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How Do I Tell My Kid She's On Her Own?

Dear Heather,

How do you present it to your child that you won't be lying next to them until they fall asleep anymore?


Paige (via Instagram)

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Dear Paige,

Thank you for this thoughtful question—it's such an important one.

Backing up a step: Lying down with your child while they fall asleep can start out as a sweet and effective route to bedtime. But, for most parents, it quickly becomes stressful and time-consuming. In the end, it's a roadblock to our kids feeling confident about sleep and often leads to them waking in the night or too early in the morning.

What to do when you're changing this pattern is one thing (see previous posts or look at our website for options on how to accomplish this).

Once you've made a plan to extricate yourself, though, how do you explain that change to your child? It's super important to make your child aware and talk about it in a non-judgmental and positive way during the day.

Here are some words to use:

We're going to start doing things a little differently at bedtime. I've been next to you while you fall asleep, but now I'll be right outside. It's my job to help you sleep really well, and I know you can do it. Sleep is natural, our bodies just know how to do it, like breathing!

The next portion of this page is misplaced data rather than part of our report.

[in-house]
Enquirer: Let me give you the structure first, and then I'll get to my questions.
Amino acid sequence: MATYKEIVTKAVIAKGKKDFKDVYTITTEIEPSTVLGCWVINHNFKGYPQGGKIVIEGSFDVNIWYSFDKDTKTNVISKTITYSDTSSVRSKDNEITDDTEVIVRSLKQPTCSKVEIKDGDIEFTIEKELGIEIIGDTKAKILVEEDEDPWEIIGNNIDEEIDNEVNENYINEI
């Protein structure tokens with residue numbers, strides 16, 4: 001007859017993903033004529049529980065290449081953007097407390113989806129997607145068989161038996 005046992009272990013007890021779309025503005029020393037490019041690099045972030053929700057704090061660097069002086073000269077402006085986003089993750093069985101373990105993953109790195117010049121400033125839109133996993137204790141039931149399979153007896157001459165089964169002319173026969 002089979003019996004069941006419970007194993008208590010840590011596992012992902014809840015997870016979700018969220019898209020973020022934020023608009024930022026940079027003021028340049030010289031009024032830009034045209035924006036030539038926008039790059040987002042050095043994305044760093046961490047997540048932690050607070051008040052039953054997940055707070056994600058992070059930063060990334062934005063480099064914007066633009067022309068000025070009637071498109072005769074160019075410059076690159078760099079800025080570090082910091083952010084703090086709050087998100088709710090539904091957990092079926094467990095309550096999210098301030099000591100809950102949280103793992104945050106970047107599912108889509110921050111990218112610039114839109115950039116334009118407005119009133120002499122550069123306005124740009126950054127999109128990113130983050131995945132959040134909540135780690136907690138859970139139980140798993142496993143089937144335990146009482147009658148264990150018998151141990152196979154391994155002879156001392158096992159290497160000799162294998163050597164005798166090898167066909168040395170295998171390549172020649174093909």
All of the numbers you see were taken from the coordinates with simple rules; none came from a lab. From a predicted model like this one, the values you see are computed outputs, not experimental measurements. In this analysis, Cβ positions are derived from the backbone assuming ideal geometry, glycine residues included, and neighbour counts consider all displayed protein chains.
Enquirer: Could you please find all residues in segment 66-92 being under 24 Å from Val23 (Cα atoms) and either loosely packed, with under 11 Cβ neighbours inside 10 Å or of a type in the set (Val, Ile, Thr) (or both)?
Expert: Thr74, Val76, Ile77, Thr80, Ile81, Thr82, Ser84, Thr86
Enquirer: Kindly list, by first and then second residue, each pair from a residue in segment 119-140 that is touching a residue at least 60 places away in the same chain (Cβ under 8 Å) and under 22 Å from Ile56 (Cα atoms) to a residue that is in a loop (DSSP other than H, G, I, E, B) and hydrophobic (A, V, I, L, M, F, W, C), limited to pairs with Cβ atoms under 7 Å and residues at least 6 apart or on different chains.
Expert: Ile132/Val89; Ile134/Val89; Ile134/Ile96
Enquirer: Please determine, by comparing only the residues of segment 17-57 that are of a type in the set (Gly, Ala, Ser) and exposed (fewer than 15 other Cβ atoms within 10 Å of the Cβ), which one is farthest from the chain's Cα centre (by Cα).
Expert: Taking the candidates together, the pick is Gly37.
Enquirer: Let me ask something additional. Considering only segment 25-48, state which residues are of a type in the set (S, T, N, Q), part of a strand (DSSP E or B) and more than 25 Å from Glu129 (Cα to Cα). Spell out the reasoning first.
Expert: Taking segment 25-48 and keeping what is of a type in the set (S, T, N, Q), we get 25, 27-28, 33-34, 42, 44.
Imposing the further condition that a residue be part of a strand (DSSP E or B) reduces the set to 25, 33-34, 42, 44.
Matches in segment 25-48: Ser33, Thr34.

You'll have (choose any stuffed animal or lovey) here for you if you need extra hugs and kisses when I say good night.

We'll do our usual routine (if you know "The Happy Sleeper" methods, this is the time to remind about "last call" and the "check ons"). After the lights are out, you're in charge of your own body and your own stuff.

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These words should be enough to get you started. The general idea is that we let our kids know a change is coming, acknowledge that it might feel different and ask them how it went the next day. Try to avoid big praising—and definitely steer clear of negative consequences if it doesn't happen. Ask your child how she felt when she fell asleep on her own. "How did it go? How does her body feel?"

Sleep happy,


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Sleep expert Heather Turgeon, co-author of " The Happy Sleeper: The Science-Backed Guide to Helping Your Baby Get a Good Night's Sleep—Newborn to School Age ," will fix your family's sleep problems in this space as she does in her Los Angeles-based sleep consultations . Turgeon's solutions are nonjudgmental, kind and—best of all—based on science.

No situation is too challenging. Leave your sleep problem in the comments. Let's all get a good night's sleep, finally.

Photograph by: Twenty20

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